Although not a member of the EU, Switzerland, because of its position at the heart of Europe, maintains strong economic and social relations with many Schengen states and is part of the European Free Trade Association (EFTA) with Iceland, Norway and Liechtenstein (other third countries within the Schengen area). Switzerland became an integral part of the Schengen area after signing the agreement on 26 October 2004 and beginning to implement it on 12 December 2008. The November 13 attacks in Paris, which killed 130 people, led to an urgent change of mentality in the Schengen agreements. The Schengen Agreement includes two separate agreements that were ratified in 1985 and 1990 respectively. Between them, they abolished border controls and greatly facilitated transit through Europe. The two individual agreements indicated that obtaining the visa resulting from the Schengen Agreement corresponded to almost all visa procedures. You apply, send your passport and then receive a stamp if you are approved. However, they must meet certain criteria and requirements in order to qualify for a visa under the Schengen Agreement. One of the most remarkable requirements is Schengen visa insurance. With the entry into force on 1 May 1999 of the Schengen Protocol of the Treaty of Amsterdam of 2 October 1997, Schengen cooperation was transposed into EU law, initially solely on the basis of an international agreement. The two Schengen agreements have been a major step forward for transport in Europe.
Queues would often be one kilometre long and wait for border patrols to sign them, but the agreements helped to stop them. Today, people can enter neighbouring countries without having to present any form of identity card. Of course, airlines always require you to show it for security reasons, but border controls are much easier to navigate and don`t even exist in some cases. It takes its name from the City of Schengen in Luxembourg, where the agreement was signed in 1985. It came into force in 1995. Relations between Iceland and Norway, on the one hand, and Ireland and the United Kingdom, on the other, in the areas of the Schengen acquis applicable to Iceland and Norway are governed by an agreement approved by the Council of the European Union on 28 June 1999. In December 1996, two non-EU states, Norway and Iceland, signed an association agreement with the countries that signed the Schengen accession agreement. Although this agreement never entered into force, the two countries were part of the Schengen area following similar agreements with the EU.  The Schengen Agreement itself was not signed by non-EU states.  In 2009, Switzerland officially concluded its accession to the Schengen area by adopting an association agreement by referendum in 2005.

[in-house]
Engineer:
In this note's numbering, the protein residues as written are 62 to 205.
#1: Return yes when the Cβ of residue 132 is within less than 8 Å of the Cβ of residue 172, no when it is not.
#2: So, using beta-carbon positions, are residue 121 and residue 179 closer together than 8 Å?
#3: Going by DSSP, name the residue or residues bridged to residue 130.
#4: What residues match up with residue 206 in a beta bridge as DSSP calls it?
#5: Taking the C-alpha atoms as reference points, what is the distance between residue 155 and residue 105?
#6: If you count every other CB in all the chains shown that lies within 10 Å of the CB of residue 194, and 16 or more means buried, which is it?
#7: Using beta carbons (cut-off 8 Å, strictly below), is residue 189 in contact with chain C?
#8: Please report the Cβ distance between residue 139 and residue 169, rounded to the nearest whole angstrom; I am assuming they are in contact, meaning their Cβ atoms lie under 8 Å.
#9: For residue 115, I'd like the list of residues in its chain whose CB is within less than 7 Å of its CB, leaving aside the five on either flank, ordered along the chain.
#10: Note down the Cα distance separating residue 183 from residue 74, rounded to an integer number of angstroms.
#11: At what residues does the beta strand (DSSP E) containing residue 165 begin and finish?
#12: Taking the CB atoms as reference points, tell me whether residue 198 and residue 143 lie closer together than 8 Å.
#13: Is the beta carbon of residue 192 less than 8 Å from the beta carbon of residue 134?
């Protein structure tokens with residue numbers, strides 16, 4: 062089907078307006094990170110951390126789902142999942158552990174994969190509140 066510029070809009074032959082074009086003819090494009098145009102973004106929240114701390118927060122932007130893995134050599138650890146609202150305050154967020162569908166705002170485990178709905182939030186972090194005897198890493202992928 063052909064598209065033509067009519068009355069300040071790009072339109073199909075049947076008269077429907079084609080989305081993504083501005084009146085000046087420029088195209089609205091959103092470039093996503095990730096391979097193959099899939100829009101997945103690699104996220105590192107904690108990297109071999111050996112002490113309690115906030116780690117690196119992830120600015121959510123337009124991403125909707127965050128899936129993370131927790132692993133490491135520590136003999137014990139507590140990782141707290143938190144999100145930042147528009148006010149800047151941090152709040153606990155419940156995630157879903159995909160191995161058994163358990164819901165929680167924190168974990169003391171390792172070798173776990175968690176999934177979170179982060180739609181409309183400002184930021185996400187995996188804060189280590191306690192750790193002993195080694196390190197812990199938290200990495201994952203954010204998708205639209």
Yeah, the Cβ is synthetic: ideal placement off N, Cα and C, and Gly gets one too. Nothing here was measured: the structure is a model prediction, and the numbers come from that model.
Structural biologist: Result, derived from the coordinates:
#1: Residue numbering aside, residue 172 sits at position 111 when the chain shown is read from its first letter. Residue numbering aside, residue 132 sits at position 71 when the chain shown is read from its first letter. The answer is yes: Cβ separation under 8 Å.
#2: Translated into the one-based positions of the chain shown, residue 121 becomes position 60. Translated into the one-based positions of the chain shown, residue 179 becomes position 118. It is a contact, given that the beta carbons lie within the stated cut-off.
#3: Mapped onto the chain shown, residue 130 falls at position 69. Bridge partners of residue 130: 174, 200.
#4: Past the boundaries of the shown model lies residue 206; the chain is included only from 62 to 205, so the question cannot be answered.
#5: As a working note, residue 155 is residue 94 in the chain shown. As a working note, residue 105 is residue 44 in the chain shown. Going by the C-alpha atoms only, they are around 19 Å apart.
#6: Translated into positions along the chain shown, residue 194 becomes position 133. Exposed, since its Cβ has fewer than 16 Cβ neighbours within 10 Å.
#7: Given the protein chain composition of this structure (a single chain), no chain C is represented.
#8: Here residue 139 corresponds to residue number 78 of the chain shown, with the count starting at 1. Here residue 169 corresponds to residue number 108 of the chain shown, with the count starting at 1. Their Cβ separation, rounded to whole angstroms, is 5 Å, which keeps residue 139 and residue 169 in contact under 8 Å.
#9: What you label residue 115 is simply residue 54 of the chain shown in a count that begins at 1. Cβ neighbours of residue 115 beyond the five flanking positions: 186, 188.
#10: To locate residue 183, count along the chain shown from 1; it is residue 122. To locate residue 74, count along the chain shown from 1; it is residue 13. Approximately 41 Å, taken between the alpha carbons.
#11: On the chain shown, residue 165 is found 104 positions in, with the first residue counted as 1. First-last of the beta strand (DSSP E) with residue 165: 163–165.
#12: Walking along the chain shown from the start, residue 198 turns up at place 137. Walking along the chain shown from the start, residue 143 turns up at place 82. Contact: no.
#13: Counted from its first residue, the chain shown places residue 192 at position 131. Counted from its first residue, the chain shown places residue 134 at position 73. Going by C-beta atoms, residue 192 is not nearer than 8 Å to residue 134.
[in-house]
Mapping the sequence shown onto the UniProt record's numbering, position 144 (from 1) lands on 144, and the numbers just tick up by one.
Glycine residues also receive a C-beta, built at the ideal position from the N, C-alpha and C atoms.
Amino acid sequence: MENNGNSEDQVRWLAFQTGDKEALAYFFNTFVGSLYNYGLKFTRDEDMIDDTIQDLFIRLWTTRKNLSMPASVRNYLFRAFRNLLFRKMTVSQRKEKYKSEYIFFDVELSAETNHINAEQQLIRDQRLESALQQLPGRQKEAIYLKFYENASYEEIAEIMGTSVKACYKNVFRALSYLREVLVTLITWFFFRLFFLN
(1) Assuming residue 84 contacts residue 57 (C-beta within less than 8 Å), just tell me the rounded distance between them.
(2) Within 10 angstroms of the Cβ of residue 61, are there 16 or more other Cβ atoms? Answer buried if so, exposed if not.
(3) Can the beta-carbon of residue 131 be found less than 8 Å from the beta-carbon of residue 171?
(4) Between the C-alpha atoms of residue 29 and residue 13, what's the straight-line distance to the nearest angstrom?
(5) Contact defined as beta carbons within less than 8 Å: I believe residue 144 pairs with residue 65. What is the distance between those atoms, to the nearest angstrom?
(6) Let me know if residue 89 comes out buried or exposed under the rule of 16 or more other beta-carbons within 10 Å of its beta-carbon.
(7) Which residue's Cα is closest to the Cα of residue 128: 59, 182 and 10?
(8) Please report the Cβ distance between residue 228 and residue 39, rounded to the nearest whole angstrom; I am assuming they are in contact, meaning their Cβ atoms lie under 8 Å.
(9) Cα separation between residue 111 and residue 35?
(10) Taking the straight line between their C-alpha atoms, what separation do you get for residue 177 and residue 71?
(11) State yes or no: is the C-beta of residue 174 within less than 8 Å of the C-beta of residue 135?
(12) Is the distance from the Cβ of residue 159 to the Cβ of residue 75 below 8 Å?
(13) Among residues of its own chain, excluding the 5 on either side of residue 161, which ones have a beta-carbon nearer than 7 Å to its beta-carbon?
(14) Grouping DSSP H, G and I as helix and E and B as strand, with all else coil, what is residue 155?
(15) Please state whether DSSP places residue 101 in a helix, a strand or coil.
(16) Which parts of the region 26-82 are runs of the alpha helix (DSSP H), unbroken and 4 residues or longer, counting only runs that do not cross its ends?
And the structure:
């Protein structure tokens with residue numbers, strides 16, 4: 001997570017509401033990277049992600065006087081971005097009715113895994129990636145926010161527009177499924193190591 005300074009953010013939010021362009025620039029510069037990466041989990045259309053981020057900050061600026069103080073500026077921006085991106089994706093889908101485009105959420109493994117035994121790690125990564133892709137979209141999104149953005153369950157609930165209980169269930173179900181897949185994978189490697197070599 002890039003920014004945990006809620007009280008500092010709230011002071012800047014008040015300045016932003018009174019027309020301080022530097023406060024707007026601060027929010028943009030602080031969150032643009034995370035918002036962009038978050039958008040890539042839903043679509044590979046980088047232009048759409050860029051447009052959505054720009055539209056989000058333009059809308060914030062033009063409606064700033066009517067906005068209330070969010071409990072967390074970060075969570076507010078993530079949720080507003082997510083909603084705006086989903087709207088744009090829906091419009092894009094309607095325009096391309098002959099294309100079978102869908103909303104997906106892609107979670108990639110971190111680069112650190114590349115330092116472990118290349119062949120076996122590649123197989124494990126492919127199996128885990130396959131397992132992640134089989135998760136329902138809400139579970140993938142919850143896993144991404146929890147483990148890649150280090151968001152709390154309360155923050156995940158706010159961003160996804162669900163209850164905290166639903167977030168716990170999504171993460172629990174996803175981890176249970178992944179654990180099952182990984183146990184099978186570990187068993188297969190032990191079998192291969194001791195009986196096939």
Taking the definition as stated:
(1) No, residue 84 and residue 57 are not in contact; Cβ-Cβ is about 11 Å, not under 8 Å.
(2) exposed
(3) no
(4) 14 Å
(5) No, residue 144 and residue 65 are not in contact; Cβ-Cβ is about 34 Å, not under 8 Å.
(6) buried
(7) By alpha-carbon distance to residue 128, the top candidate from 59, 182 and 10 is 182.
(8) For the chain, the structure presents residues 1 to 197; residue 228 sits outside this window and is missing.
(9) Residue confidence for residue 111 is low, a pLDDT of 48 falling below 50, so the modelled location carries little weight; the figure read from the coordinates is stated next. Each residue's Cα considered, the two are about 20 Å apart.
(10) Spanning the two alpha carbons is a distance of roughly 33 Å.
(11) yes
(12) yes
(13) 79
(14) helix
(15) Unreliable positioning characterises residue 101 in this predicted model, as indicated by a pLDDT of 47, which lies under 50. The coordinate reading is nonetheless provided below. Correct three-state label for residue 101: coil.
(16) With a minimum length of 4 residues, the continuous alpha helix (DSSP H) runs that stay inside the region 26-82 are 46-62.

Originally, the Schengen treaties and the rules adopted were officially independent of the EEC and its successor, the European Union (EU). In 1999, the Treaty of Amsterdam incorporated them into EU law, which codified Schengen into EU law and also introduced opt-outs for Ireland and the Kingdom, the latter having taken place since its withdrawal from the EU. EU Member States that do not yet have an opt-out and have not yet joined the Schengen area are legally obliged to do so if they meet the technical requirements.